Remote Central Station Generation Systems

Central Station Generation

Over the next several years we are likely to see small scale distributed generation acquire an increased share of electric generation in this country. See Post entitled Distributed Generation – and Old Idea Reconsidered.  However, notwithstanding the growth of distributed generation, we are still going to rely primarily upon the historic system of large central station generators interconnected by a complex high voltage transmission grid.

The following chart shows electricity generation by fuel source in the United States:

by-fuel-chart

As depicted above, the vast majority of our electricity comes from large coal, natural gas and nuclear plants. These are the types of central station generators promoted by George Westinghouse more than 100 years ago.

The following video explains how electricity is produced at one of those central station power plants:

No matter how much distributed generation is added, the historic reliance upon central station generators plants is not going to disappear any time soon. Instead, central station generation is likely to be made cleaner with natural gas plants replacing coal plants and utility scale renewables being added to the mix.

High Voltage Transmission

All of the central station generators interconnect to the electric transmission grid. For the most part all of that generation stands ready to provide electricity when needed. However, not all of the plants are needed all of the time.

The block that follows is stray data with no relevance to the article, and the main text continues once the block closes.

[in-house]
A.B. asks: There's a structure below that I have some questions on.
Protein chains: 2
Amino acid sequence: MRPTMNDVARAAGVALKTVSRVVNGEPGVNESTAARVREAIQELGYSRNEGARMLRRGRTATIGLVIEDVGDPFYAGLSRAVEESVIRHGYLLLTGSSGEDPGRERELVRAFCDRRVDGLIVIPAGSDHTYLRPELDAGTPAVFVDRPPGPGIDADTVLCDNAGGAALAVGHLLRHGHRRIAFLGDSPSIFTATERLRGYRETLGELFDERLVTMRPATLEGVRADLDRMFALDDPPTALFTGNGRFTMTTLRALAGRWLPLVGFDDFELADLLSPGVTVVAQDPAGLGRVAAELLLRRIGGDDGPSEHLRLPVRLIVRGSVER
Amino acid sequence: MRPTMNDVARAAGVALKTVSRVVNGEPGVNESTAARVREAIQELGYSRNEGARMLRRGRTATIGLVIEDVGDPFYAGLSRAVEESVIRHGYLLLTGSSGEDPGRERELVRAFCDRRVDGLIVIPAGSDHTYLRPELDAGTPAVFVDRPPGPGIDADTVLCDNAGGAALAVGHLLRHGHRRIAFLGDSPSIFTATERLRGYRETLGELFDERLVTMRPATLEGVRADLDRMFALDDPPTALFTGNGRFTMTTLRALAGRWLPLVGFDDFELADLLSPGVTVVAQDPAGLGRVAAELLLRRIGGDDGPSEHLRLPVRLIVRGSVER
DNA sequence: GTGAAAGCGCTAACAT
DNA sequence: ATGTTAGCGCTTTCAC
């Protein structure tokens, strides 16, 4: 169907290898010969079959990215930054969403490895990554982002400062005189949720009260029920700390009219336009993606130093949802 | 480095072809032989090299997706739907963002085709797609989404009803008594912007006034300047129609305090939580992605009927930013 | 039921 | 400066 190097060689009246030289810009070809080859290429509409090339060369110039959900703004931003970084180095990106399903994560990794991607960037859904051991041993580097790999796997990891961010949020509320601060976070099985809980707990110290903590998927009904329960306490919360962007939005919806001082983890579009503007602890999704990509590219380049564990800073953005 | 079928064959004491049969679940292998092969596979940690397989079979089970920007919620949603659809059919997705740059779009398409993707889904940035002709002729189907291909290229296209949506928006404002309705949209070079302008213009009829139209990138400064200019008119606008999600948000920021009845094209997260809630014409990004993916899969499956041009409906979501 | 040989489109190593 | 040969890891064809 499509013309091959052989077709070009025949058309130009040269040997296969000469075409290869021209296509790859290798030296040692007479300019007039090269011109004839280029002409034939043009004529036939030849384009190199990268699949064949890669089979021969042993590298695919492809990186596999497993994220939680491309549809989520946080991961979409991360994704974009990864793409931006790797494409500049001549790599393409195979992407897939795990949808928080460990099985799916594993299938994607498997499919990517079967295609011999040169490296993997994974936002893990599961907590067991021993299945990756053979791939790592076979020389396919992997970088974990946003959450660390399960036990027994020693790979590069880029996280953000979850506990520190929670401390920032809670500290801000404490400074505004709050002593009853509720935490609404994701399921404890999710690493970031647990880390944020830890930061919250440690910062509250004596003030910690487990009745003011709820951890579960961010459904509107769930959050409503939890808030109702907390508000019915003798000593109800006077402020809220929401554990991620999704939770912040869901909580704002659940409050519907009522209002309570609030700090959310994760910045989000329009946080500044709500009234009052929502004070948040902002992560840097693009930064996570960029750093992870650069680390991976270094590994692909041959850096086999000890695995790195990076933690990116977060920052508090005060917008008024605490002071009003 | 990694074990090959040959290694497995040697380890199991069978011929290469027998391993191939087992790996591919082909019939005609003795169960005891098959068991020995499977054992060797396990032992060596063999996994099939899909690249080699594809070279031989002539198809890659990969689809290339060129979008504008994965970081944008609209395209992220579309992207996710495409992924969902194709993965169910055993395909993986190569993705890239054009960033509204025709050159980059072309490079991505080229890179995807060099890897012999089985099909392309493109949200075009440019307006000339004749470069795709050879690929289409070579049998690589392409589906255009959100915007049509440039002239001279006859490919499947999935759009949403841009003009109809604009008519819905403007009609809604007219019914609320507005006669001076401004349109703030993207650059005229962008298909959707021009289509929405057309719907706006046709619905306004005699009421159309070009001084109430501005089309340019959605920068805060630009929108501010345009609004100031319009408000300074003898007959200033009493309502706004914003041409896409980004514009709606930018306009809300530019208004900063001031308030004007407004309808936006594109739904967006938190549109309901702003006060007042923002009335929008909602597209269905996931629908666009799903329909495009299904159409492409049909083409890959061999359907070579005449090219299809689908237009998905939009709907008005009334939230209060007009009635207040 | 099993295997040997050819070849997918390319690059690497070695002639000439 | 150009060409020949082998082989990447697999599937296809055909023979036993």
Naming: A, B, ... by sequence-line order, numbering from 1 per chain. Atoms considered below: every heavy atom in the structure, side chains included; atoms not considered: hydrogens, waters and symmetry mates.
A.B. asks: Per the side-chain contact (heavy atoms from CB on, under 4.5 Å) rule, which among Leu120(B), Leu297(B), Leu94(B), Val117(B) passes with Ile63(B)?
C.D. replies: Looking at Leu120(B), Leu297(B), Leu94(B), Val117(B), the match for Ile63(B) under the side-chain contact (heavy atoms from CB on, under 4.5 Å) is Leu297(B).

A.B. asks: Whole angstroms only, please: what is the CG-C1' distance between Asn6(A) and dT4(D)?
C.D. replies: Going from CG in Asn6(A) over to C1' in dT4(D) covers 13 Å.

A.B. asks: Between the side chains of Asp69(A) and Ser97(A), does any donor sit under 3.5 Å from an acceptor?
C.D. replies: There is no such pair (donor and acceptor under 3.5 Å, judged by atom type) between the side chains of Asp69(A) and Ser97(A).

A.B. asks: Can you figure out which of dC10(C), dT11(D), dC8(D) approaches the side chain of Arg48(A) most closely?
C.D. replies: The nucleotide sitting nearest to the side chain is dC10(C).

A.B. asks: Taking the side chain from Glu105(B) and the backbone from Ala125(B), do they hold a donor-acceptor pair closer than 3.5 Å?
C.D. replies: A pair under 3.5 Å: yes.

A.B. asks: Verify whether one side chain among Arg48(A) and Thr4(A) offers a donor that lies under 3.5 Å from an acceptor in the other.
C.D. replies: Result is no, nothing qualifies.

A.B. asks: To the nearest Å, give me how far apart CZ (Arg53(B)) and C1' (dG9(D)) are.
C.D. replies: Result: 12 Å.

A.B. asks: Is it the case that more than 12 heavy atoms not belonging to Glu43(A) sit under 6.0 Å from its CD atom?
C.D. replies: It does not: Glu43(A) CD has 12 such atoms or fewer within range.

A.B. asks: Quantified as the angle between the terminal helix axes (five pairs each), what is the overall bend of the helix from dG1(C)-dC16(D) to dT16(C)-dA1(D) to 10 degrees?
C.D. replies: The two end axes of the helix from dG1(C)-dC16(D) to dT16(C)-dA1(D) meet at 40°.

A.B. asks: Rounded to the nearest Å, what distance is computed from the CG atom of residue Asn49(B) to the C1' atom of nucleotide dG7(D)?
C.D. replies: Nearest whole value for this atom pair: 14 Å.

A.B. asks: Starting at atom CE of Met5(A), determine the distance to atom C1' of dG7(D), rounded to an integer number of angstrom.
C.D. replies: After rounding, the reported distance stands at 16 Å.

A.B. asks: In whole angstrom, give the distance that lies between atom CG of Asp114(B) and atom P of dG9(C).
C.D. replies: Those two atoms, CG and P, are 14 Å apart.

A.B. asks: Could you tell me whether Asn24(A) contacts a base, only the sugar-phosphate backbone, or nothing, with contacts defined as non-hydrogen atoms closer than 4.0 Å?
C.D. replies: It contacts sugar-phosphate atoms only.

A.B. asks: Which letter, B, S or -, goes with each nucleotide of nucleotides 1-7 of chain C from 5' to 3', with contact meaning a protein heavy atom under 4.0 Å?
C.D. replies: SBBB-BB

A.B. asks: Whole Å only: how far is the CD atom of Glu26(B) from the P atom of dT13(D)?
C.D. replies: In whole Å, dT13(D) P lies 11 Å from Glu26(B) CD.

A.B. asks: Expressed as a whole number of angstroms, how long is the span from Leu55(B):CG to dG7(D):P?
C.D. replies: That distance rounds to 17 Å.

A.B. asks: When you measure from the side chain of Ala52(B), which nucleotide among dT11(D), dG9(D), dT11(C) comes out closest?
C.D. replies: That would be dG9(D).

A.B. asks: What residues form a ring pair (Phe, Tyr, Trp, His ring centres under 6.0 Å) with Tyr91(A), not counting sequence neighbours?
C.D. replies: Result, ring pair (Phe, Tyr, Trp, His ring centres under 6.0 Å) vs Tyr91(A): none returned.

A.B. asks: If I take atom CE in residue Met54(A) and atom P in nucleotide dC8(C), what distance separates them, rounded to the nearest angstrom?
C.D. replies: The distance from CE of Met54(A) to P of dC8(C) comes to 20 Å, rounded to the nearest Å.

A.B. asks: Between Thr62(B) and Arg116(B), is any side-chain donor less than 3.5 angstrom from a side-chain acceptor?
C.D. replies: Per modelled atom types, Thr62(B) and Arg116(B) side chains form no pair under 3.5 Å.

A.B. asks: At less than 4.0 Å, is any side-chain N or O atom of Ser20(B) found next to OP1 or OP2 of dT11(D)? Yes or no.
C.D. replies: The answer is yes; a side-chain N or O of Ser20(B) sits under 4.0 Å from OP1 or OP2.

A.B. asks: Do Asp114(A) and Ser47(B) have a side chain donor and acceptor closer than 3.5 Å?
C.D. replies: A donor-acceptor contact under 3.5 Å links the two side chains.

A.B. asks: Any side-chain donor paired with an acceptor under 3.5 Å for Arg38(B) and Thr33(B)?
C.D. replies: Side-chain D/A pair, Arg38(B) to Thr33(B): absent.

In states that remain highly regulated utilities own their own generating plants. They dispatch those plants strategically to meet their customer load requirements at the lowest overall operating costs.

In states where Independent System Operators (ISO) manage the grid generating plants operate at the direction of the ISO usually as a result of participation in a competitive auction.

Transformers located on the site of each generator boost the voltage of the generated electricity so that it can be transmitted at high voltage levels over long distances on the grid. After transmission the voltage is reduced at local substations so that it can be transported the final distance to the points of usage.

The following video explains how the electric transmission system delivers electricity from a central station generator to a local distribution system for final delivery to customers:

Author

I. David Rosenstein worked as a consulting engineer and attorney in the electric industry for 40 years. At various times during his career he worked for utility customers, Rural Electric Cooperatives, traditional investor owned regulated utilities and deregulated power generation companies. Each of his posts in this blog describes a different aspect of the past, present or future of the electric industry. 

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